...an entertaining offshoot of [the] well-received 2010 biography of the historian Hugh Trevor-Roper ... Sisman is a serious writer of nonfiction...but he has a novelist’s sense of the importance of showing, not telling ... There’s a rather antique feel about the whole project. Partly this is down to Sisman’s tone, which belongs to a previous era ... There’s no impression that a modern sensibility has been brought to bear on the subject matter. Peters appears to have been a sex offender, with numerous instances of his predatory 'advances' on young girls. Sisman seems to have bought in to the tabloid portrayal of Peters as a 'Romeo', and reports the fact that “it seems as if he could scarcely be left alone with a woman without making advances to her” without censure ... I’m also not sure that one can describe someone as 'inscrutable, like an Oriental despot' in 2019. For all this, the book is a gripping read, telling us as much about the rise and fall of Trevor-Roper as about its deeply unpleasant priest.
My purpose,' Mr. Sisman writes, 'has been to entertain, not to instruct.' In that he succeeds. The Professor and the Parson is no rival to Boswell’s Presumptuous Task or the rest of Mr. Sisman’s work, but it’s not meant to be—it’s a kind of amuse-bouche. As such, it demonstrates just how good Mr. Sisman is. Meticulously researched and flawlessly written, the book treats its obscure, contemptible subject with the same professionalism that Mr. Sisman brought to Trevor-Roper and the Boswell-Johnson relationship. If Peters seems a parody of the lecherous clergyman and the ruthless academic, Mr. Sisman is a model of the incorruptible biographer.
... amusing and elegantly written ... It is this fascination that Sisman has made the tenet of his book: Peters’s antic mayhem jibed with Trevor-Roper’s own taste for anti-establishment mischief. How could he not be somewhat enchanted with this sendup of the entire British academic and social system?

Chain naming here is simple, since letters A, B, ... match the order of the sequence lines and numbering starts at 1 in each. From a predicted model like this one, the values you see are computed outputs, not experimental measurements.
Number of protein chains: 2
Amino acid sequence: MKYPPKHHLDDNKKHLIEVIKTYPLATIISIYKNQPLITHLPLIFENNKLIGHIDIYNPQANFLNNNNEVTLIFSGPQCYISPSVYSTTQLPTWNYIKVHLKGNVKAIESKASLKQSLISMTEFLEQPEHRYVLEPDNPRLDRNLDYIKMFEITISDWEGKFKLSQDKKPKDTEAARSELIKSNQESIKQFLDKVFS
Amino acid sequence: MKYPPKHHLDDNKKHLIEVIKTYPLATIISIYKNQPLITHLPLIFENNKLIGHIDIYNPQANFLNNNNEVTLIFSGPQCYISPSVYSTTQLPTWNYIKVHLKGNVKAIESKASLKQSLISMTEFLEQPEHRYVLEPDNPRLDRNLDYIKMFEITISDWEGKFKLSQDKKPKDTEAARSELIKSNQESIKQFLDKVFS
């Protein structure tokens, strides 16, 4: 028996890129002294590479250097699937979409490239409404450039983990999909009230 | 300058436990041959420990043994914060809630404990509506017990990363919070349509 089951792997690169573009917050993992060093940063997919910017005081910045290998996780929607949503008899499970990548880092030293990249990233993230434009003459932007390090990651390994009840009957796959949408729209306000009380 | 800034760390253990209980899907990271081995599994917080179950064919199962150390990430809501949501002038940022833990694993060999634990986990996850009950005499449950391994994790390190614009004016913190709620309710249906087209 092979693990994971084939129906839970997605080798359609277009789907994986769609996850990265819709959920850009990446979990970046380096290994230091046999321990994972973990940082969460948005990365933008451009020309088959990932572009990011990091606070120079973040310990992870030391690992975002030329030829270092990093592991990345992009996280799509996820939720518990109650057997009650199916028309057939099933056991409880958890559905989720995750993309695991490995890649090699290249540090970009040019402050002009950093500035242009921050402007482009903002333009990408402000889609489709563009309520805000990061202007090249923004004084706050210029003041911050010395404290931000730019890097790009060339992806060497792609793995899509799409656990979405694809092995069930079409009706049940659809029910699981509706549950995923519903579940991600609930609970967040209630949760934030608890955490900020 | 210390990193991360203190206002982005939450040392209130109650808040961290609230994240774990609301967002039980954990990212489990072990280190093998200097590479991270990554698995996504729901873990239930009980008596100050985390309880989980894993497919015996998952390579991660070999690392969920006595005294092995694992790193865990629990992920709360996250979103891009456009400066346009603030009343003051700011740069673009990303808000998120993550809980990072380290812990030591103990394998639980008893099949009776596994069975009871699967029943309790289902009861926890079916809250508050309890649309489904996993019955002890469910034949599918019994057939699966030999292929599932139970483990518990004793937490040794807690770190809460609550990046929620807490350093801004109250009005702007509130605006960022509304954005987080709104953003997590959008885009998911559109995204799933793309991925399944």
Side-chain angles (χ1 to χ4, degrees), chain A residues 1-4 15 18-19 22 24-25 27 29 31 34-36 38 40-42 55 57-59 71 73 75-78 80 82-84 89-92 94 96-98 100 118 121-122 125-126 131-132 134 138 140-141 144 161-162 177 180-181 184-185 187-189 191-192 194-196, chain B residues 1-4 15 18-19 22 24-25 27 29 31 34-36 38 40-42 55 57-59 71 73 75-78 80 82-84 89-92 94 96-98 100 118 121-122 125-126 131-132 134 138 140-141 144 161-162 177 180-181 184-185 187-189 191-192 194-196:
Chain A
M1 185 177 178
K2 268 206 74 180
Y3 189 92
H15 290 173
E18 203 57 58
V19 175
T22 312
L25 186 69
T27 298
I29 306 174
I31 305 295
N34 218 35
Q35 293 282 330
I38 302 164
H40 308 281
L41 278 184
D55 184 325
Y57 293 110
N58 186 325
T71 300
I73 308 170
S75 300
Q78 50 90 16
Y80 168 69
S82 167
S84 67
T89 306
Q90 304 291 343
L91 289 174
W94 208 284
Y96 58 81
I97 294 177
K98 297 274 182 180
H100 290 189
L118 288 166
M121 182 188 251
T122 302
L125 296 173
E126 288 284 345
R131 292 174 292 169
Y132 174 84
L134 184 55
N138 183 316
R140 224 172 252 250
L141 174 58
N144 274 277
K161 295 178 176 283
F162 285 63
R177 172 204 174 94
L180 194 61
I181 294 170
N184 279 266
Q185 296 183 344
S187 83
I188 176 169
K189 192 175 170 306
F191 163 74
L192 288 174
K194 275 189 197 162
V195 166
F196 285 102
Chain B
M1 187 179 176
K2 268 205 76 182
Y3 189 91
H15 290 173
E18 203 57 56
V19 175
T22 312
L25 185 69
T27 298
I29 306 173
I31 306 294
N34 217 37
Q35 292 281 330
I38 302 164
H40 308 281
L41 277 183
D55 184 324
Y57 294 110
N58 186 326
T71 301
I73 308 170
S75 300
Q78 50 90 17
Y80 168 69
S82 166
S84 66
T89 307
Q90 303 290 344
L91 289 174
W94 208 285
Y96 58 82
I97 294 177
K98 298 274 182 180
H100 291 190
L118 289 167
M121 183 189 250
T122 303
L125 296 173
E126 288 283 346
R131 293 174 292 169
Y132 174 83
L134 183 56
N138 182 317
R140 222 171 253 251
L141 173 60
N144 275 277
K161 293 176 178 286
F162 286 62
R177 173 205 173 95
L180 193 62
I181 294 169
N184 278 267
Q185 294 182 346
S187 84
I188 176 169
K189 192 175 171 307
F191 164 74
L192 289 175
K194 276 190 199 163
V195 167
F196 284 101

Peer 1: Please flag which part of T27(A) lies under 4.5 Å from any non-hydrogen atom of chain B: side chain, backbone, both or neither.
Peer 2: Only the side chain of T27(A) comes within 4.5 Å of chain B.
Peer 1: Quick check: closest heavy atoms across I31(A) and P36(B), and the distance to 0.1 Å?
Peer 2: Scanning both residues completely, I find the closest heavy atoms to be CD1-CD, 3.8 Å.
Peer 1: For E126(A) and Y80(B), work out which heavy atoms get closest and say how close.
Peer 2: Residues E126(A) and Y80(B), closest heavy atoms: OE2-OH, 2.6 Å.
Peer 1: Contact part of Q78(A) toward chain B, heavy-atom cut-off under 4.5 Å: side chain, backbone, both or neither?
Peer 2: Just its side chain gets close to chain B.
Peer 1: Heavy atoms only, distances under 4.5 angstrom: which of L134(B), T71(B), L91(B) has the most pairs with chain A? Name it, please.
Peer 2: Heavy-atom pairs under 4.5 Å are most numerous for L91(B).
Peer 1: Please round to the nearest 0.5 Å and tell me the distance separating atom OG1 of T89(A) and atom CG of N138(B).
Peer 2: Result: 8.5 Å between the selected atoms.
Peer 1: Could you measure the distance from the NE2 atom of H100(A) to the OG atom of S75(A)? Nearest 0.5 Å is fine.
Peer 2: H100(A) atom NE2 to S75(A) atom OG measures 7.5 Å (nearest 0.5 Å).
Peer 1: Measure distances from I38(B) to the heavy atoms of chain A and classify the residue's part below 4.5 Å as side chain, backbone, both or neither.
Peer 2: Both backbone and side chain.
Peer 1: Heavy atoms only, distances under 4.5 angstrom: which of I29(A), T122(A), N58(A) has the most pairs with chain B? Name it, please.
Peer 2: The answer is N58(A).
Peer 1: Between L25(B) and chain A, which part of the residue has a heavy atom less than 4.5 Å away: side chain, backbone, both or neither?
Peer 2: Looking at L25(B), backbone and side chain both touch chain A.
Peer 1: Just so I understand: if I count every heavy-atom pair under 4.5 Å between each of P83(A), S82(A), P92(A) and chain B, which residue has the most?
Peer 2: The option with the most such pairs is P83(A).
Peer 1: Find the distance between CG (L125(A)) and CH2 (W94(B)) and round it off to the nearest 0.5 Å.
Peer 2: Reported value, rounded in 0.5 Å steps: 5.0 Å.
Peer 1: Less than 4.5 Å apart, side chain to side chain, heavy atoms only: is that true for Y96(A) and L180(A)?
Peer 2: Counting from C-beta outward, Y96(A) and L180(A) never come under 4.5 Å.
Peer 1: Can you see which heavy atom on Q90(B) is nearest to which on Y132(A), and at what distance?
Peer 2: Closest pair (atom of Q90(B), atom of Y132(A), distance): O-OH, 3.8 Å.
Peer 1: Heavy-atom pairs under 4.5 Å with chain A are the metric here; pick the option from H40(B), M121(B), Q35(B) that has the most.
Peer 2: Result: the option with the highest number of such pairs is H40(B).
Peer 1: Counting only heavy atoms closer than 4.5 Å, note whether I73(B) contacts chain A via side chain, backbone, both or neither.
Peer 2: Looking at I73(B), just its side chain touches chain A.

Sisman gives readers a chronological romp through Peters’ continual attempts to pass himself off as a student of the church, a preacher, a teacher, and even a principal of two religious schools, all in the name of notoriety. While Peters is definitely a character, he is also a bigamist, a misogynist, and a sexual harasser (at the very least) and yet Sisman passes these off as more of his trickster ways instead of recognizing them as the predatory behaviors they are. This lack of synthesis is unfortunate, but the story of Trevor-Roper and Peters is an entertaining case of truth being stranger than fiction.
It’s an enjoyable and extraordinary tale ... Squat and hunched even when young, Peters was an unlikely Casanova, and it’s a pity Sisman could find no girlfriend or ex-wife able to explain what attracted them. Disappointing, too, as he complains, is that Lambeth Palace refused to show him the extensive file it has on Peters ... The chief problem with the book is that we know Peters little better at the end than at the outset. Sisman admits as much...but it’s little consolation; there’s a long paper trail but the reader craves more flesh and blood.
This gripping account of a recalcitrant 20th-century con man...proves the old adage that truth is stranger than fiction ... Sisman wisely relegates speculation about what motivated Peters to a brief concluding section, offering appropriate caveats about why Peters sought status via deceit 'when it might have been easier to pursue an honest career.' Fans of the film Catch Me If You Can will be entertained.
An astonishing story of decades of deception by a slithery English academic and cleric ... The author speculates only modestly about why Peters behaved as he did, but he concludes that he was a classic narcissist ... The appended chronology is also incredible ... A captivating true tale that makes even the most intricate con-artist movies look cartoonish.